NASA astronaut embraces ‘Think Global’ innovation message

Tony Antonelli shared his leadership insights - and the foundations of his extraordinary career - with guests at the Innovation Festival for Global Working in the bucolic surroundings of Relocate Global HQ in Kent.

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This article is taken from the latest issue of Think Global People magazine.Click on the cover to access the digital edition.

Watch the video highlights from the Innovation Festival for Global Working

The former US Navy Commander has piloted two space missions as a NASA astronaut. Tony Antonelli is now playing a lead role shaping the future of space exploration. With his international team of colleagues at Lockheed Martin, Tony is developing the new Orion space vehicle, which will carry humans to the moon and on into deep space.Introducing Tony and the day’s programme at the Innovation Festival for Global Working, Relocate Global’s managing editor, Fiona Murchie, said: “I firmly believe now is the time to grasp the opportunity to push innovation to the absolute limits. Innovation is very important in our work as we face challenges like skills shortages, compliance and the five-generation workforce. This is all about making connections, learning about and developing your own practical solutions and motivations.”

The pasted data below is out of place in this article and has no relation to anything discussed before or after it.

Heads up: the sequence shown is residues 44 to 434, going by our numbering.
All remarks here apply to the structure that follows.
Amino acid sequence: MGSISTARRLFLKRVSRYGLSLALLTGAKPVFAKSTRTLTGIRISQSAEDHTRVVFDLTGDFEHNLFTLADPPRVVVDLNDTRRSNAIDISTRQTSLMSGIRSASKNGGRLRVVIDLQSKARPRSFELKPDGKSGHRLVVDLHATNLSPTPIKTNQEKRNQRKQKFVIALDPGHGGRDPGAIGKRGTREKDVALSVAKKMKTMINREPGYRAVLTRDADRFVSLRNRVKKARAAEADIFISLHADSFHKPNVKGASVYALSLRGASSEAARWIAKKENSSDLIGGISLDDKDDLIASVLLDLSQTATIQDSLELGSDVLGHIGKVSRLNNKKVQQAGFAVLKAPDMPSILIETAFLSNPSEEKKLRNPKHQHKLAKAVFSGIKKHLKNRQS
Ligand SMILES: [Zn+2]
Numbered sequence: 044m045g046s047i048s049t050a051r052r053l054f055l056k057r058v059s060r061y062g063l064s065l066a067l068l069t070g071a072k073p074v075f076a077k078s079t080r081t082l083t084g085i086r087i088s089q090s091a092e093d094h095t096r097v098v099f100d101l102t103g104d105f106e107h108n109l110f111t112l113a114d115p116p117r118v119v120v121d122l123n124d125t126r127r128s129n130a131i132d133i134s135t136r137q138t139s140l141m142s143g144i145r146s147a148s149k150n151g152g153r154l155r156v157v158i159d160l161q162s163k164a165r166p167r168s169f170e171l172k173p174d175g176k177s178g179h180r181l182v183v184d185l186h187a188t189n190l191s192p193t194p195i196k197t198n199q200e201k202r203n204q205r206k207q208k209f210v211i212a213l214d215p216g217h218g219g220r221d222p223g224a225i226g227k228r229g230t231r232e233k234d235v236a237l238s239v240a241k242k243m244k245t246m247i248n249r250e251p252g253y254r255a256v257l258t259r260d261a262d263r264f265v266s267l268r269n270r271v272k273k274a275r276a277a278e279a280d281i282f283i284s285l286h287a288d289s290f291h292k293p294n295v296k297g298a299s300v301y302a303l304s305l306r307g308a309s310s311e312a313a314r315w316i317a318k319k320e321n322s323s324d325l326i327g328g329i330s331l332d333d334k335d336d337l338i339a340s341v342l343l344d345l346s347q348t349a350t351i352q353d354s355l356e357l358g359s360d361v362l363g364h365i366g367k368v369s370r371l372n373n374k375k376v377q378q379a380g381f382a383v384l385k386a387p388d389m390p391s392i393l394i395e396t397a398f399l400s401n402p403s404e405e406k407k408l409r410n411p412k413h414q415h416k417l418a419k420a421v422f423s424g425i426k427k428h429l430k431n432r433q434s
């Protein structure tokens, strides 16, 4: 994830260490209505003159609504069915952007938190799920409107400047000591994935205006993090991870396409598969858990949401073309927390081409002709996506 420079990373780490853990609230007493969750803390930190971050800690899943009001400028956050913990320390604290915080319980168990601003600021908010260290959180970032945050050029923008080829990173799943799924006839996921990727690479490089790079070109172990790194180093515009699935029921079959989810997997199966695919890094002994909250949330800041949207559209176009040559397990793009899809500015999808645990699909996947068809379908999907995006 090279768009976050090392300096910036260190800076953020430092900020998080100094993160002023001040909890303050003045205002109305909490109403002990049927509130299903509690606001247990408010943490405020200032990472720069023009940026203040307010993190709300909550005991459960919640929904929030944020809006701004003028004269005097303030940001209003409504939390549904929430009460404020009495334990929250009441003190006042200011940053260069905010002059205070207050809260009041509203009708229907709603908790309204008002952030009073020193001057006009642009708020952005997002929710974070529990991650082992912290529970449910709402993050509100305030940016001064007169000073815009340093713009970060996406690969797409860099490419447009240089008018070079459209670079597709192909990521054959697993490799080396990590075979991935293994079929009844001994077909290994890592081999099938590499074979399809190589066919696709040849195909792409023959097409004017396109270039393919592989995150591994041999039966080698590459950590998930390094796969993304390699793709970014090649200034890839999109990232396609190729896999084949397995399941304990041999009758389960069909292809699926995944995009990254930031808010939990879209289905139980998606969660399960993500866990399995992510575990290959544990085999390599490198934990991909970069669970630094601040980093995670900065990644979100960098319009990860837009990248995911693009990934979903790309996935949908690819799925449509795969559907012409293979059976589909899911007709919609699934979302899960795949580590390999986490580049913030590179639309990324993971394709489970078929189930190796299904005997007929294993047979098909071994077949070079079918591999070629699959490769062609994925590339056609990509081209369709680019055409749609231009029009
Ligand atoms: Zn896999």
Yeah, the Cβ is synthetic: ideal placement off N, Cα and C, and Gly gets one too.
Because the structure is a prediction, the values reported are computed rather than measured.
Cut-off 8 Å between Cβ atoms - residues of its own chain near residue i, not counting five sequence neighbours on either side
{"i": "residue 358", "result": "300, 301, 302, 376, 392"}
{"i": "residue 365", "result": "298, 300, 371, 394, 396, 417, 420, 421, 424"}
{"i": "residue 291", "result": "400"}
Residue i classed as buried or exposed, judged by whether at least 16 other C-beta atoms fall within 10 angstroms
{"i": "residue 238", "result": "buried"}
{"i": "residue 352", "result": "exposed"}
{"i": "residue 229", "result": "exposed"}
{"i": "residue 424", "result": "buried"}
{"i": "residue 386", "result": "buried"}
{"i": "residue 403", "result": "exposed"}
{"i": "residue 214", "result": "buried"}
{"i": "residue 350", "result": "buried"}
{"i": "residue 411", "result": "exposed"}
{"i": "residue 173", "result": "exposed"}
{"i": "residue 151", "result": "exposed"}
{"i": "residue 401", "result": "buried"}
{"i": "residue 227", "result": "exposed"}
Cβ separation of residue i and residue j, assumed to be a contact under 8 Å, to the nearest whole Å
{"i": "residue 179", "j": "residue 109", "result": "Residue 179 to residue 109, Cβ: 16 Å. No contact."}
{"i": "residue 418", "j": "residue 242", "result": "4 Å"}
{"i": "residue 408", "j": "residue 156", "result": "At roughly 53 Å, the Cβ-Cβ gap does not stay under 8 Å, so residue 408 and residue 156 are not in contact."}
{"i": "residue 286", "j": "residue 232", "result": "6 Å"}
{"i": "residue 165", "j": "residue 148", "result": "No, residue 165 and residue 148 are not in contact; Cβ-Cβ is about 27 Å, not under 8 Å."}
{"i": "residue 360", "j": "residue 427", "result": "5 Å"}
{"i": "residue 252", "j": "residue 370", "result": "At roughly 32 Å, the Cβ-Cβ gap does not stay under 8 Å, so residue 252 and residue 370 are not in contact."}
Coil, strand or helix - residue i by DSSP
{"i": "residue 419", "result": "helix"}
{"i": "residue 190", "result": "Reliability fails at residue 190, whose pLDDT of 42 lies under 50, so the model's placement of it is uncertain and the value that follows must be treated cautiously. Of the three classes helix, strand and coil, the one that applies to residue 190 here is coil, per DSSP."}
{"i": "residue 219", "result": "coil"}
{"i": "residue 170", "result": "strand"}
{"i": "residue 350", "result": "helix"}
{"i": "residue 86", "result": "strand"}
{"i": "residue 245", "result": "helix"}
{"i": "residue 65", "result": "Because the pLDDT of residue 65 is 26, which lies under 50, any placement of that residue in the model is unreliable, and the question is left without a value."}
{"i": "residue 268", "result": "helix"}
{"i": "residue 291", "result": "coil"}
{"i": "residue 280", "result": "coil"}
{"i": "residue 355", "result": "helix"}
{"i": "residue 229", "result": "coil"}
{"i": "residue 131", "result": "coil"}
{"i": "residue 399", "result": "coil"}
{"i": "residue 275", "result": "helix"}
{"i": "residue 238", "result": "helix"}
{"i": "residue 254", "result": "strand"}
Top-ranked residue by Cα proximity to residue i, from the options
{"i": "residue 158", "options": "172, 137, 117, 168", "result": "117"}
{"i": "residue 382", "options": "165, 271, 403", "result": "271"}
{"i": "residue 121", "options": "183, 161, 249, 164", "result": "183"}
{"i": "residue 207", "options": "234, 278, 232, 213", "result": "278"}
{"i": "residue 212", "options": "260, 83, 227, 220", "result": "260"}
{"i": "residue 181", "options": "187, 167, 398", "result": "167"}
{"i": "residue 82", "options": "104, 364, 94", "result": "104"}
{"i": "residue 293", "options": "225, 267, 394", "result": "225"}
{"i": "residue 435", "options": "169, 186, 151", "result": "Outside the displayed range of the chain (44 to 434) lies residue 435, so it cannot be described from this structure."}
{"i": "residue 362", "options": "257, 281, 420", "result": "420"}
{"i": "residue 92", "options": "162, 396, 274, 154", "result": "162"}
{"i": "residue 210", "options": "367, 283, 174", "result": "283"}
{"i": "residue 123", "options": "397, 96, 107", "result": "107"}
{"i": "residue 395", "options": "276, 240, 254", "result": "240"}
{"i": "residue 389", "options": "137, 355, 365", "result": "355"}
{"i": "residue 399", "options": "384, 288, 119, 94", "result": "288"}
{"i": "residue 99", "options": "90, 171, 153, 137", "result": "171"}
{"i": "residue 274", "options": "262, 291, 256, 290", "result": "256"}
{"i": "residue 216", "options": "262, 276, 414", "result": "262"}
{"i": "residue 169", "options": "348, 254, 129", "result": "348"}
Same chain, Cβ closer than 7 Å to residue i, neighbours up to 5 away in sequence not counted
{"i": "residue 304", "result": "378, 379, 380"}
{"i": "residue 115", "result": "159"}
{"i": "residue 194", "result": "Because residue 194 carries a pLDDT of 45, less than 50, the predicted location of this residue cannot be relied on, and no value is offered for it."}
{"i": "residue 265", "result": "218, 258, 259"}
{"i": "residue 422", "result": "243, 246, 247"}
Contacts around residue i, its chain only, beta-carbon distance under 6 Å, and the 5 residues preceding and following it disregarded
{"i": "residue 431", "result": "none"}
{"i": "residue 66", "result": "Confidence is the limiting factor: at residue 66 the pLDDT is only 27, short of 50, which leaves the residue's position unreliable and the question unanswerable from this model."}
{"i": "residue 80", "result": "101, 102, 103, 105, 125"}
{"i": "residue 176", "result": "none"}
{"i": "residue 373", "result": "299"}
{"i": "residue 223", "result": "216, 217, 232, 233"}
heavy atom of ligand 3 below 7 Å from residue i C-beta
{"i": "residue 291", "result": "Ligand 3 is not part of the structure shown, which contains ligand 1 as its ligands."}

Find out more from the Innovation Festival for Global Working

Think global people – seeing the bigger, human picture